BEIJING/SHANGHAI (Reuters) – China will launch a series of subsidy-free wind and solar projects this year to take advantage of a rapid fall in construction costs since 2012 and tackle a gaping payment backlog, the country’s top planning agency said on Thursday.
Last year, the government was forced to suspend all new subsidized solar capacity approvals after a record 53-gigawatt capacity increase in 2017 left it with a backlog of at least 120 billion yuan ($18 billion) in subsidy payments.
The new subsidy-free projects will generate renewable power for sale at the same prices as non-subsidised coal-fired power plants, and will not have to comply with capacity quota restrictions, the National Development and Reform Commission (NDRC) announced on Wednesday. It added that the projects would, however, receive support on land and financing.
“Some regions with good natural resources and firm demand have already achieved subsidy-free, or grid price parity, conditions,” said the NDRC, adding the pilot projects could help renewable energy to compete with coal-fired power.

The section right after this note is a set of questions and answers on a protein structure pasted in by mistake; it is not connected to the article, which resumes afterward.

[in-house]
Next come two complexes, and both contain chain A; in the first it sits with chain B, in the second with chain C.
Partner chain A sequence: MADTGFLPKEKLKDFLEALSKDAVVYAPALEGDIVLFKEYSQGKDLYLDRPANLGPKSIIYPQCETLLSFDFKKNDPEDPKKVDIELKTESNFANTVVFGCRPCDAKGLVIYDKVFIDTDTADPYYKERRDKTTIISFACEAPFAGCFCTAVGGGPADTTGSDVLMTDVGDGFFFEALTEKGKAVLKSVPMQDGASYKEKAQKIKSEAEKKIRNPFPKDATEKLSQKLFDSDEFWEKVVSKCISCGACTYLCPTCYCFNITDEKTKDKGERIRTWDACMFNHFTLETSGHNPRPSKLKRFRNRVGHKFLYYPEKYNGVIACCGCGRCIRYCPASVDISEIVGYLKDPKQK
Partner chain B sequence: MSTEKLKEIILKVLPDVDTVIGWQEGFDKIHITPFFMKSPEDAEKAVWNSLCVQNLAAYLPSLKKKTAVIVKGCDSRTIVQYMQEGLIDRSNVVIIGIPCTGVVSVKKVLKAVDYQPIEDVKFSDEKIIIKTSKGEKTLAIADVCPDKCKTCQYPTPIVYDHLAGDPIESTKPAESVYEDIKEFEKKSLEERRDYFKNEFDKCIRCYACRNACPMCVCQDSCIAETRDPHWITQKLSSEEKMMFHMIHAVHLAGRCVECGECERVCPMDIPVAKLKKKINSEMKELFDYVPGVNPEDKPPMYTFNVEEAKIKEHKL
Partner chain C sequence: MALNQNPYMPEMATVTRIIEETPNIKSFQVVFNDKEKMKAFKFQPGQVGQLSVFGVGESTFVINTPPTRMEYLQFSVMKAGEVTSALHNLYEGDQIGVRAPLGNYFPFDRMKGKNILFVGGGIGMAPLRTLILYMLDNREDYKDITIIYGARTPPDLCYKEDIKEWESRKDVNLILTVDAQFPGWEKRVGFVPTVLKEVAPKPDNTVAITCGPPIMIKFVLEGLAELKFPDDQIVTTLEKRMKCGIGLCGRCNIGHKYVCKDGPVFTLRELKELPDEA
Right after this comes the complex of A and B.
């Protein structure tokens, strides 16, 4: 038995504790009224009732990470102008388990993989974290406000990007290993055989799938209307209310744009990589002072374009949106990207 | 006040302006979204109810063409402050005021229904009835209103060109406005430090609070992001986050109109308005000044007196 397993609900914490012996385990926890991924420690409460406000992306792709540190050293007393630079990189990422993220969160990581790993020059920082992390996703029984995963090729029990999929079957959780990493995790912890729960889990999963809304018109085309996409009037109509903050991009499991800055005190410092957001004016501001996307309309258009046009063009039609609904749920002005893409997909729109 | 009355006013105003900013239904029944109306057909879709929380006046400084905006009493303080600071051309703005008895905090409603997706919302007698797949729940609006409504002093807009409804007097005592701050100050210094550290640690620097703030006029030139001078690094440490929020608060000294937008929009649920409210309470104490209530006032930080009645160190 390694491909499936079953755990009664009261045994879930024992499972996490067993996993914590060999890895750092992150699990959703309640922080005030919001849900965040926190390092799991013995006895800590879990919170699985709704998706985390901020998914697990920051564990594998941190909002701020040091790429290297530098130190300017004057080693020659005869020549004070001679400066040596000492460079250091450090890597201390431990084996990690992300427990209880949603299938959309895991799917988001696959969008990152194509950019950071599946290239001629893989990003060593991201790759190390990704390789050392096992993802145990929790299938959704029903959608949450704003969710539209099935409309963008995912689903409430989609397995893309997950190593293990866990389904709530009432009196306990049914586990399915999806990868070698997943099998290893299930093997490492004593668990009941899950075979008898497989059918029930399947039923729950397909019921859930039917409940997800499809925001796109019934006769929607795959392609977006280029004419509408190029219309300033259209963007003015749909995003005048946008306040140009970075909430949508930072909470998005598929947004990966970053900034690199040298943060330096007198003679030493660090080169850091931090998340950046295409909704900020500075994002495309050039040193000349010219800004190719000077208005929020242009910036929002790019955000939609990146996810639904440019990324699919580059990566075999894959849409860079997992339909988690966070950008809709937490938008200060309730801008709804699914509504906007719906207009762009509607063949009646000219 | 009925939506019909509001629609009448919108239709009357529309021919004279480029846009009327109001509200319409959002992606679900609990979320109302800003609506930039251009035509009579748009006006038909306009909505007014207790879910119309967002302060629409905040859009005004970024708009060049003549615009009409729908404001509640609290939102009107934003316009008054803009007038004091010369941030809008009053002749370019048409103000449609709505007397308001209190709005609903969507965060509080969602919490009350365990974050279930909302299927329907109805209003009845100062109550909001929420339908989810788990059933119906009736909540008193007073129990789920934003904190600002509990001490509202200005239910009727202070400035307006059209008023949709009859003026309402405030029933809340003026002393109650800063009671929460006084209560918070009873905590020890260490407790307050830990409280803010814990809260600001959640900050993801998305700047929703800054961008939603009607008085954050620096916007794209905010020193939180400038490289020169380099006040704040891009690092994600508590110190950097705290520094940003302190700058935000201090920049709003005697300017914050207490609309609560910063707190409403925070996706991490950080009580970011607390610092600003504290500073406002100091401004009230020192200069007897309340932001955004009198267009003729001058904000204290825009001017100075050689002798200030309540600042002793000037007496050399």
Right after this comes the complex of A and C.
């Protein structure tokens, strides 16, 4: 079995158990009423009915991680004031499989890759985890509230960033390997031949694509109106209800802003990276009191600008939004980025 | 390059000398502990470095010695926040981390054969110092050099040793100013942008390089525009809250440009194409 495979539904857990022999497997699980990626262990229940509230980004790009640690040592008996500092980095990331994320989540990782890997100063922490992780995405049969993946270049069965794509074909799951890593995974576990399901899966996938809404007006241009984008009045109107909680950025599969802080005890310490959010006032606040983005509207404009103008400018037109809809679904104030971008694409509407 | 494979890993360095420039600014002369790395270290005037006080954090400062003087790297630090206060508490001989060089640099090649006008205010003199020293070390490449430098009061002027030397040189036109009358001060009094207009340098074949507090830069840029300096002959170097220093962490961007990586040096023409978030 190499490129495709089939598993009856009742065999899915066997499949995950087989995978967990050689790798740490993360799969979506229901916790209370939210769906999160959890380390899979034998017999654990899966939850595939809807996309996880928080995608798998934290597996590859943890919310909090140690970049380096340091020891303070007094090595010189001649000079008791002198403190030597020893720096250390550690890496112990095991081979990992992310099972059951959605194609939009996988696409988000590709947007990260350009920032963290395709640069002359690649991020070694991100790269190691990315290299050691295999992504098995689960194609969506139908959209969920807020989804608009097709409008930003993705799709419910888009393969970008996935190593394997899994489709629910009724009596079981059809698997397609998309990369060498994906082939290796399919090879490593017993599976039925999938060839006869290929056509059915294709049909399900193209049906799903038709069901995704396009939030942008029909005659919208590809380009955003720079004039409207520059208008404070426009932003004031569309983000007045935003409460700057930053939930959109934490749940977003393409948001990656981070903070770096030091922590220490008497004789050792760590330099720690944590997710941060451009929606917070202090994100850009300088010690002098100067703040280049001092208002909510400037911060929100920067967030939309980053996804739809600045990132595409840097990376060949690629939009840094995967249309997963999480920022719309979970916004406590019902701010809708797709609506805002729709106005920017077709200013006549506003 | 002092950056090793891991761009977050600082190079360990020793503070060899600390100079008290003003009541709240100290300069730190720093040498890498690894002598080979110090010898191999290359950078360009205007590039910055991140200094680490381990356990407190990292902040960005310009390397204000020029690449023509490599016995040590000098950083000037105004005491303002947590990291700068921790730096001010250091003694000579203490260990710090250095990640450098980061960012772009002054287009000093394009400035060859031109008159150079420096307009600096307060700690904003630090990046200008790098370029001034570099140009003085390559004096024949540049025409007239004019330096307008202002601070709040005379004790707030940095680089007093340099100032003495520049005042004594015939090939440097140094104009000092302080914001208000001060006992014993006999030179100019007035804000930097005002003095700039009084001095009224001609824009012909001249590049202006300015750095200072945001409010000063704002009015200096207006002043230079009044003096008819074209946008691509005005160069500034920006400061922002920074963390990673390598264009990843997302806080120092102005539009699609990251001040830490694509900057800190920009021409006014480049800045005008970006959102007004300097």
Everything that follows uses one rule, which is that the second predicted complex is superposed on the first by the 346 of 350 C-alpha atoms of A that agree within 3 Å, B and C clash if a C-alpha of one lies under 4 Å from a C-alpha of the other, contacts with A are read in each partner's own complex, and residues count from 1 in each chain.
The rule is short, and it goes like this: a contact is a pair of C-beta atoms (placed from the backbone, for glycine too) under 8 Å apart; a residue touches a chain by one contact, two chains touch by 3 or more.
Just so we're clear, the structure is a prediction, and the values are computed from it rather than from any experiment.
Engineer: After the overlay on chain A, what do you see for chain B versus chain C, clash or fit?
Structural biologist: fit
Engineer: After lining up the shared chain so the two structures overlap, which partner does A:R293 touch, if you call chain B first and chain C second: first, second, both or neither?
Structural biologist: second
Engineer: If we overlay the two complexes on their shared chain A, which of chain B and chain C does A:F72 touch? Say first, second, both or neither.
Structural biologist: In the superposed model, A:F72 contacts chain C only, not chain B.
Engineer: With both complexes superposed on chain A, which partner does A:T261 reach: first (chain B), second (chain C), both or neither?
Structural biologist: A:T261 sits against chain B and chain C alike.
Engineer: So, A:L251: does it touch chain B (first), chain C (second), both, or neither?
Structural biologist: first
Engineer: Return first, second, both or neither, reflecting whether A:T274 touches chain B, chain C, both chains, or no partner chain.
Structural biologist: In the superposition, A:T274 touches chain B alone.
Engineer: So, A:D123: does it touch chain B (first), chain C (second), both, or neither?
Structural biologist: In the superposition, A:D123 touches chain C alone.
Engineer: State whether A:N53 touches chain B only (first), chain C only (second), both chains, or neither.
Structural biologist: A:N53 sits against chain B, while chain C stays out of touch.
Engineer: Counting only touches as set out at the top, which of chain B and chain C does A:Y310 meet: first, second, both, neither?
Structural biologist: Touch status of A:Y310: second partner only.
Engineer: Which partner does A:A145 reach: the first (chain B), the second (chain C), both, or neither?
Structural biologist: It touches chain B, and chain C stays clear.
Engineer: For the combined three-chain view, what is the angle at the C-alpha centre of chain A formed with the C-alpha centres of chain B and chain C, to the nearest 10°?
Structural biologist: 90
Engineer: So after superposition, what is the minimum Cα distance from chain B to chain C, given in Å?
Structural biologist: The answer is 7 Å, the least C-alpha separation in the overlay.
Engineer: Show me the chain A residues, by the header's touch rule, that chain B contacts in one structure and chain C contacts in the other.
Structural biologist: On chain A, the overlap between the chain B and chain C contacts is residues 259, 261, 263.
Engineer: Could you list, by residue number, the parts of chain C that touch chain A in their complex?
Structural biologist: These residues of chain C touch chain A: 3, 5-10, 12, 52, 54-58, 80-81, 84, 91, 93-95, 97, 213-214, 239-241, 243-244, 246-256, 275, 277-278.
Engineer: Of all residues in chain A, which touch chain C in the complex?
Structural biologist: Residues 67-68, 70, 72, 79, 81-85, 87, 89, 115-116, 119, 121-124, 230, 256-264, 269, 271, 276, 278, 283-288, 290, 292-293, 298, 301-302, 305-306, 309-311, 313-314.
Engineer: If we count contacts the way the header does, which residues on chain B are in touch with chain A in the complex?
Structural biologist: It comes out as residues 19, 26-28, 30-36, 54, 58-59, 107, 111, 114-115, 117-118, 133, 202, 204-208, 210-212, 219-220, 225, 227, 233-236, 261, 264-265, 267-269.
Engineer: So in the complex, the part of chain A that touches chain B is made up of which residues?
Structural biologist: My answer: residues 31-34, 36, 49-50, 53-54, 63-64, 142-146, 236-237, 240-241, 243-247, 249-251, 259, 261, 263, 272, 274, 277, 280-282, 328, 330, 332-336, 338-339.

The NDRC said in its additional comments on Thursday that solar construction costs in China had fallen 45 percent from 2012 to 2017, while wind project costs had dropped 20 percent over the same period.
The China Photovoltaic Industry Association, which represents equipment manufacturers, said in a note on Wednesday that the new policy was “good news” for the beleaguered sector.
“There will still be subsidized wind and solar projects, and the unsubsidized projects are only an addition,” it said.
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